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How much money can you save teaching English in China? 

Much like other datasets, it’s hard to compile a China salary guide for teachers. It’s an enormous country, with over 1 billion people, with all sorts of different ecosystems, economies and ways of living.

However, it’s not unfair to say that you can save a great deal of cash working in China as an English teacher. Even in major cities, you could conceivably spend less than $1000 a month on factors like rent, utilities, transport, food and drink and entertainment. 

It’s important to remember here that English teaching wages far exceed “normal” salaries in China. The TEFL industry is - despite the ban on private tutoring for children - highly prized, and it’s little wonder that beyond the culture and the experience of teaching in China, TEFL teachers are also drawn to the financial incentives. Deciding to teach English abroad in China, then, is a popular decision - especially considering the abundance of teaching jobs.

Living costs in China 

Without repeating the point ad nauseum, China isn’t really like any other country. In the same way that living in New York City is different to residing in Columbus, Ohio, cities are very distinct, let alone regions of China.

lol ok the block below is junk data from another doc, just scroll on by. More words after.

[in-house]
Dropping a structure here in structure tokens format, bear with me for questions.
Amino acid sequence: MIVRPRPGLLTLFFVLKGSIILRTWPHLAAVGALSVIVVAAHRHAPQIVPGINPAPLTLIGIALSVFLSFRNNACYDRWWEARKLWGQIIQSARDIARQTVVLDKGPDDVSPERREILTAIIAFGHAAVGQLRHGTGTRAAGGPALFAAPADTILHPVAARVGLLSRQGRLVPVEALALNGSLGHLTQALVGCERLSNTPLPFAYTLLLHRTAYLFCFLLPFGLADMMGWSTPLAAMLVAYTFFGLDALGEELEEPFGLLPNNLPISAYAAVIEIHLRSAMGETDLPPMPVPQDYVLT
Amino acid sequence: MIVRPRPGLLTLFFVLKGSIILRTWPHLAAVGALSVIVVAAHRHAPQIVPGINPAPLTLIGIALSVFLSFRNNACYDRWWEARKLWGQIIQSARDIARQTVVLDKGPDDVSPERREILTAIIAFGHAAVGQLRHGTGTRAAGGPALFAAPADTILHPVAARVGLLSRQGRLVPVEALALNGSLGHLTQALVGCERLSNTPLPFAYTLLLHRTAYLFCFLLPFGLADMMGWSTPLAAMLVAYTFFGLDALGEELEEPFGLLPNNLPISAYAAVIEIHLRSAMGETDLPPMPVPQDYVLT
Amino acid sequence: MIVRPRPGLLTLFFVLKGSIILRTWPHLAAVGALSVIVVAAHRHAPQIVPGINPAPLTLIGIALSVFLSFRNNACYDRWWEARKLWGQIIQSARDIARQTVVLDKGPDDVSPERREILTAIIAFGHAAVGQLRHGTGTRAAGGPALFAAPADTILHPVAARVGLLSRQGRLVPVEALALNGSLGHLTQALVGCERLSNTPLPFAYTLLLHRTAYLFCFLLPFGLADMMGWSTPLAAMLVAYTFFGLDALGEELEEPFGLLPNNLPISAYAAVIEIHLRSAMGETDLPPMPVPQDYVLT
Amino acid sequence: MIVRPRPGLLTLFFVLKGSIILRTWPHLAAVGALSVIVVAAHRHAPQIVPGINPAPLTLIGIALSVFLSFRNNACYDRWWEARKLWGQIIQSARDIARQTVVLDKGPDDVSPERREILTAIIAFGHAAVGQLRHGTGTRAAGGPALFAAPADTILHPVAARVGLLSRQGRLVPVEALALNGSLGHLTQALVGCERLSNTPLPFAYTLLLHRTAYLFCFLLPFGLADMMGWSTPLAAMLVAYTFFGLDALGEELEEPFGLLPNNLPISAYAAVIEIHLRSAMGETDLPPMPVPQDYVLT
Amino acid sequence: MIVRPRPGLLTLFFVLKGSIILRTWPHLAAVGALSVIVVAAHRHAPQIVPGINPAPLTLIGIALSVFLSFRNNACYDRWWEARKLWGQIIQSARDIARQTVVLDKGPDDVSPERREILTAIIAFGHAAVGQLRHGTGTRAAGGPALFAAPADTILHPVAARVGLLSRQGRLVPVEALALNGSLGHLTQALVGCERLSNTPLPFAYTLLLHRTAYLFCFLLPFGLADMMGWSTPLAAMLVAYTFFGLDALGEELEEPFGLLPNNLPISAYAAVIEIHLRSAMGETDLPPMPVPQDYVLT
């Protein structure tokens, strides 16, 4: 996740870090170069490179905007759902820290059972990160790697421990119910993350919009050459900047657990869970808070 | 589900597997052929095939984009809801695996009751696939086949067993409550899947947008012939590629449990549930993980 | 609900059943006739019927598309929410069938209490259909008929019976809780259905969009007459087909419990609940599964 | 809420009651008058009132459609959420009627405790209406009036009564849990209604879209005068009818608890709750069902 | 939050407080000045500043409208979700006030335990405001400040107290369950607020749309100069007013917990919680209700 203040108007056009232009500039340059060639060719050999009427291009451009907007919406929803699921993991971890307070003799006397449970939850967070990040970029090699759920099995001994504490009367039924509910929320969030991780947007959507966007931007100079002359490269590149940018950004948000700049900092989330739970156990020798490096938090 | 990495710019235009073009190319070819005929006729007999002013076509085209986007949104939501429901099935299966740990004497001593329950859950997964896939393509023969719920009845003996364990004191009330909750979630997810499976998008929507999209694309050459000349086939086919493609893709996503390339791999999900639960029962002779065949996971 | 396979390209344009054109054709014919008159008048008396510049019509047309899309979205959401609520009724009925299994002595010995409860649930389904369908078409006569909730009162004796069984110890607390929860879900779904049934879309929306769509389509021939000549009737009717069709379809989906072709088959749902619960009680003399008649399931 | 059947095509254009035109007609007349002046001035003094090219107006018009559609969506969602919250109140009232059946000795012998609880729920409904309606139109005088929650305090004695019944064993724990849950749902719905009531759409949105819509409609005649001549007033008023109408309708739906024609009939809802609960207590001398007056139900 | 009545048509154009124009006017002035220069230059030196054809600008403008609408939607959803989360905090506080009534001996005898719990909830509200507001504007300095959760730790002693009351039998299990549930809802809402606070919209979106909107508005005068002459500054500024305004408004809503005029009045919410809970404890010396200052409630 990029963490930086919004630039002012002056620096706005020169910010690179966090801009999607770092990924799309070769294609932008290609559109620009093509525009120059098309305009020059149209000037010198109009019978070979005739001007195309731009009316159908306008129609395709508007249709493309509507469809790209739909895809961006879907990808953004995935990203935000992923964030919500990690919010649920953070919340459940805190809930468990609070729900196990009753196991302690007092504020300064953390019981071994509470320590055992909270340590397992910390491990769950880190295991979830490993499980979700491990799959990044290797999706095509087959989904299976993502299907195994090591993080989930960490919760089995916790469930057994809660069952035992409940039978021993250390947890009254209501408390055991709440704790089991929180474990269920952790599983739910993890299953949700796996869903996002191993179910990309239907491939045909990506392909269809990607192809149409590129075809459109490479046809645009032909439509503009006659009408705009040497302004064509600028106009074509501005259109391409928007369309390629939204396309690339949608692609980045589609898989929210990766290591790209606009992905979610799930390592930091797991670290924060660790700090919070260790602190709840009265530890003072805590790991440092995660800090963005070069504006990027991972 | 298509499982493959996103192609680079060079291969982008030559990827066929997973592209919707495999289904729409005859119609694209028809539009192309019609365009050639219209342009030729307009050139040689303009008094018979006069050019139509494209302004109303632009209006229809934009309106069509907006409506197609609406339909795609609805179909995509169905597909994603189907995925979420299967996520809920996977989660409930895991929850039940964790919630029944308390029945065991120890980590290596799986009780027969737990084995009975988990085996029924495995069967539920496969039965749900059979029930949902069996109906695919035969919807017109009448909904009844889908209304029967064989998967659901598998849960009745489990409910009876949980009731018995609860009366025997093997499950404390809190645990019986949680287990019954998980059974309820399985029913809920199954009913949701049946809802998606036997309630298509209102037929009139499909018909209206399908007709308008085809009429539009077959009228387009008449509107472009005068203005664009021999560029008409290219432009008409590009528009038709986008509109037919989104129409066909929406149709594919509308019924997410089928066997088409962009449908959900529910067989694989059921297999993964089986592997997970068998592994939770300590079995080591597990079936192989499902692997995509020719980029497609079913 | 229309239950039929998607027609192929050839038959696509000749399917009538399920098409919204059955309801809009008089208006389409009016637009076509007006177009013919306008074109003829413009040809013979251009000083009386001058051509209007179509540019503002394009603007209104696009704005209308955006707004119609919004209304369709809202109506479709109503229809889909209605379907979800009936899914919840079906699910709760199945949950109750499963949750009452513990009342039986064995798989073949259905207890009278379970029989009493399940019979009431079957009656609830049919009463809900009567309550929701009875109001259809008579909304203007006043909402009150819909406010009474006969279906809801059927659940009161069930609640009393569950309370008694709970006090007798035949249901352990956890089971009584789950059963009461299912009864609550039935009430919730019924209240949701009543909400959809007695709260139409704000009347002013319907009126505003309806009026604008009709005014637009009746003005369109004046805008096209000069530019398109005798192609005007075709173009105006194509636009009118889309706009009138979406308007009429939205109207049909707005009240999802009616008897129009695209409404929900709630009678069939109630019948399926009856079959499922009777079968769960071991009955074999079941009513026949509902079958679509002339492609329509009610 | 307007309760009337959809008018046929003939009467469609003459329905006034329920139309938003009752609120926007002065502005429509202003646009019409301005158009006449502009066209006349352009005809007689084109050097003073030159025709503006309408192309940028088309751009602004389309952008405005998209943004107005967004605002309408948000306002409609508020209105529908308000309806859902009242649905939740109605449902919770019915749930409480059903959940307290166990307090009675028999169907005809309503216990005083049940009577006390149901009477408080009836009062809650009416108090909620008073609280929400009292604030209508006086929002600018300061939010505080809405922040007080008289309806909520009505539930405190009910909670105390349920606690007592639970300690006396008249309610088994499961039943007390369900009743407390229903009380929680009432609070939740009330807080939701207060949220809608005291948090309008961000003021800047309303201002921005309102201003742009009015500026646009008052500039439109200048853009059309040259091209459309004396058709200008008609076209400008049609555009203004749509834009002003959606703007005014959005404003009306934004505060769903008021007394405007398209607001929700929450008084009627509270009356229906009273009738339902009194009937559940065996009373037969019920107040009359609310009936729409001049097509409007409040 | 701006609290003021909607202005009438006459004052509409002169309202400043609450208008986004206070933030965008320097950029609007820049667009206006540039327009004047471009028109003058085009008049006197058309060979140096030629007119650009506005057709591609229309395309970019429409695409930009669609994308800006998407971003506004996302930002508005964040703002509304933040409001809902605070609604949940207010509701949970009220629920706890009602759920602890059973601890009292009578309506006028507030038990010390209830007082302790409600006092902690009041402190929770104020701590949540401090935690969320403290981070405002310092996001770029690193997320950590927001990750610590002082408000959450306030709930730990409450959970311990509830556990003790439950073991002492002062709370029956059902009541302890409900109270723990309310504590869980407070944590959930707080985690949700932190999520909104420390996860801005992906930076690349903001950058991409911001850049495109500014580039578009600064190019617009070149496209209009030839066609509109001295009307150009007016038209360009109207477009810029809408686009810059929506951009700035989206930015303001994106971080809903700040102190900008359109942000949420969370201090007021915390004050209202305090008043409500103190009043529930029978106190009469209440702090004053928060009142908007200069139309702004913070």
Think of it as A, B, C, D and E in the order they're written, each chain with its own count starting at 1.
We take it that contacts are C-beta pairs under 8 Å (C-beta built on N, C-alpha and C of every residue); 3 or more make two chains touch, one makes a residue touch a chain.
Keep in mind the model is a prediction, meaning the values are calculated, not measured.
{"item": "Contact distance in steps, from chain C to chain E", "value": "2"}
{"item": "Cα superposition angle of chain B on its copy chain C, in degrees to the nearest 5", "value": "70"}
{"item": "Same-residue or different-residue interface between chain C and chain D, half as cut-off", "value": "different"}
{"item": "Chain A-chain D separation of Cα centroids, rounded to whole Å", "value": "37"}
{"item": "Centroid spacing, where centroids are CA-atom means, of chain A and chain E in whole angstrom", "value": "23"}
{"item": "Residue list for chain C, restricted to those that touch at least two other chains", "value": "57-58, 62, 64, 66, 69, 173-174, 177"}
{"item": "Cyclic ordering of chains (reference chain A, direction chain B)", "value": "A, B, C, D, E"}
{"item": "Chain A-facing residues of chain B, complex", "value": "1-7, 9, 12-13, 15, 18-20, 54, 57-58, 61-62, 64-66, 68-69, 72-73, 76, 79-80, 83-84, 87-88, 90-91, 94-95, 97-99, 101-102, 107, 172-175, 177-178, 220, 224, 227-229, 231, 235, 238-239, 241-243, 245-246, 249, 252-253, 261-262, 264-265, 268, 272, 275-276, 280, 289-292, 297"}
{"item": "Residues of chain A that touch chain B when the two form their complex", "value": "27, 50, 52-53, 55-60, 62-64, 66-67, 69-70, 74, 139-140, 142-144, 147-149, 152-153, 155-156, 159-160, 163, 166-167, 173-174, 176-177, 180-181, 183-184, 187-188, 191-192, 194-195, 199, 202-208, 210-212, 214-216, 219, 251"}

With that in mind, it’s imperative to look a city from each of China’s tiers. We’ve picked Beijing from Tier 1, Nanjing from Tier 2 and Yangzhou from Tier 3. Up to date cost of living information comes via Numbeo.

Let’s start with rent. In Beijing, if you choose to live in a one-bedroom apartment in the city center, the typical price of accommodation is just over $1200 a month, reduced to circa $678 on the city’s outskirts. In Nanjing, meanwhile, the average city center rent price is over half of that in Beijing - a one-bedroom apartment is, on average, just under $500; just under $300 if you venture outside of the city center.

In Yangzhou, a Tier 3 city, rent is even cheaper. On average, a one-bedroom apartment in a prime central location will set you back just under $300. Even a 3-bed city center apartment will cost just $573 per month - a very kind price where teaching salaries are concerned.